Featured Image: Illustration from Samuel Butler’s Erewhon by Ruth Cobb
This seminar explores the intersection between the development of science fiction in nineteenth-century British fiction and growing interest in natural and scientific phenomena during the century. We will focus specifically on three of the most important scientific theories of the period: James Hutton and Charles Lyell’s development of the theories of geological deep time, William and Caroline Herschel’s astronomical observations of the cosmos, and Charles Darwin’s identification of natural selection as the mechanism for evolution. In the process, we’ll explore apocalyptic and utopian visions, anxieties about civilizations living under the earth, ecological sublimities that made poets out of scientists and scientists out of poets, fears of degeneration and the growth of eugenics, and non-human visions both microscopic and galactic. Requirements include two 30-minute presentations, and a paper or multimodal project. Students will revise their projects biweekly, and be required to present a proposal and an annotated bibliography.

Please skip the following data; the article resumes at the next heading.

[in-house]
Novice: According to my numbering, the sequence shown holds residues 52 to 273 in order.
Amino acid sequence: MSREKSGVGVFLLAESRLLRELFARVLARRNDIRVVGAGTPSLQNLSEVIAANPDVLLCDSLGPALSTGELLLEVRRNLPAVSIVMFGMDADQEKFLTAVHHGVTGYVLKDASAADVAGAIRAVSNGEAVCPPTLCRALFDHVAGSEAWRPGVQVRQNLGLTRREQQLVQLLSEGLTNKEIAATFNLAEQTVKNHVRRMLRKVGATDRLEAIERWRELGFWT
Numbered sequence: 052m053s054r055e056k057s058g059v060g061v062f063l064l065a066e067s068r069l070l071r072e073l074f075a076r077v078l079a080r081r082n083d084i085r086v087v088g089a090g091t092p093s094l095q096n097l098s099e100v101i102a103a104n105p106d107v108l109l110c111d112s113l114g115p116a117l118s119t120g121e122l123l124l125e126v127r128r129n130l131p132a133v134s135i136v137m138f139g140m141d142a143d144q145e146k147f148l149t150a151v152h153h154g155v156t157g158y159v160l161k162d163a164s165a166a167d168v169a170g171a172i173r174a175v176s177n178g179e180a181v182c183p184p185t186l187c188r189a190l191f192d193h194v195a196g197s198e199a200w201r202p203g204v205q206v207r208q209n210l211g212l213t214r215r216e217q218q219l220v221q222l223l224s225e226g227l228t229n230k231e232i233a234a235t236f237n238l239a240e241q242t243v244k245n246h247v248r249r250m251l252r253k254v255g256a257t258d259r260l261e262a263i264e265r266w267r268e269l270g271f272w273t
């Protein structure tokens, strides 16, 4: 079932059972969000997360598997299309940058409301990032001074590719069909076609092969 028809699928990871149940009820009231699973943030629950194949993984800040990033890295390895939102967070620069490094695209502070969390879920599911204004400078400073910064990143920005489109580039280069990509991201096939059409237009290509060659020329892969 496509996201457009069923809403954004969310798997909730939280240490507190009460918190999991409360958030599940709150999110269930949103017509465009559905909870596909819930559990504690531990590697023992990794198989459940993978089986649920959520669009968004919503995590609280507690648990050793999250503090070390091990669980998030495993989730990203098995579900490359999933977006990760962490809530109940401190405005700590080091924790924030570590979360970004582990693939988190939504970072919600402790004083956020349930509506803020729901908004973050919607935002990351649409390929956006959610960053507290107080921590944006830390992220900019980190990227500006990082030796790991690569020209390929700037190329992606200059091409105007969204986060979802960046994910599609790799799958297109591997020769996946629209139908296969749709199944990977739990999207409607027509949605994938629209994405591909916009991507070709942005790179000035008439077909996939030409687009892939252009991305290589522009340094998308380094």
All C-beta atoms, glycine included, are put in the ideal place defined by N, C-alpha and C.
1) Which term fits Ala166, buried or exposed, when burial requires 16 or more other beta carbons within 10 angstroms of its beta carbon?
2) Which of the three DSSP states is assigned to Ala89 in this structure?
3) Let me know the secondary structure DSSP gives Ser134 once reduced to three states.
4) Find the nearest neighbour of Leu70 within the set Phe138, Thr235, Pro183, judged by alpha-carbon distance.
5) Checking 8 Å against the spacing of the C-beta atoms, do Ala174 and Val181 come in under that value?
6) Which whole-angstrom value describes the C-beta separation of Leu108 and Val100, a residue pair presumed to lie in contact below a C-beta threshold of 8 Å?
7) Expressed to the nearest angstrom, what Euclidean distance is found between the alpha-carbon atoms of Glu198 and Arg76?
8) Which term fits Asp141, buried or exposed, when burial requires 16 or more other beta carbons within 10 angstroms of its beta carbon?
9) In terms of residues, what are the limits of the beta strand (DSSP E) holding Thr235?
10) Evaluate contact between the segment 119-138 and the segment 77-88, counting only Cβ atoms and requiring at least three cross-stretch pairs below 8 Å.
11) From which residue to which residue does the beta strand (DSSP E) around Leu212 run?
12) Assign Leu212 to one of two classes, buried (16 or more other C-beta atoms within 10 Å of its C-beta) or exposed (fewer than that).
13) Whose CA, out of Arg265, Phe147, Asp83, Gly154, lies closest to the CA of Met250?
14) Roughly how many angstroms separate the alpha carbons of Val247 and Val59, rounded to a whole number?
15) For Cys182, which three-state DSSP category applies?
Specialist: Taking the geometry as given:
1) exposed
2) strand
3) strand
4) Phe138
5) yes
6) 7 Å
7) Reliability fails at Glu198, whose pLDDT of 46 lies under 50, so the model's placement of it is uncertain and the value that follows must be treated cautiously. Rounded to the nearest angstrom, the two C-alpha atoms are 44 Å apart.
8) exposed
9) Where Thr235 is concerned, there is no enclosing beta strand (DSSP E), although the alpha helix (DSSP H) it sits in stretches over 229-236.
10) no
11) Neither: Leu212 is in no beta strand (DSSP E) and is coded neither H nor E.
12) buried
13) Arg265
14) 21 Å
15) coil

Possible Texts to be taken from a selection of the following:
- Immanuel Kant, Critique of Judgment (1790)
- Carl Linnaeus, Systema Naturae (1735)
- William Wordsworth, The Prelude (1799-1850)
- Dorothy Wordsworth, The Grasmere Journal (1800-1803).
- James Hutton, Theory of the Earth (1785).
- Mary Shelley, The Last Man (1826).
- Erasmus Darwin, The Botanic Garden (1791) and The Temple of Nature (1803)
- William Blake, The Book of Urizen (1794) and Milton: A Poem (1804)
- William and Caroline Herschel, “Remarks on the New Comet,” (1787) “On the Direction and Velocity of the Motion of the Sun, and Solar System” (1805)
- Mary Somerville, A Preliminary Dissertation, Molecular and Microscopic Science (1832)
- Charles Darwin, On the Origin of the Species (1859), and The Descent of Man (1871)
- Samuel Butler, Erewhon (1872)
- Thomas Hardy, Two on a Tower (1882)
- Richard Jeffries, After London, or Wild England (1885)
- Arthur Machen, The Great God Pan (1890), “The Novel of the Black Seal” (1895)
- Gabriel Tarde, Underground Man (1905)
- Algernon Blackwood, “The Willows” (1907), “The Wendigo” (1910)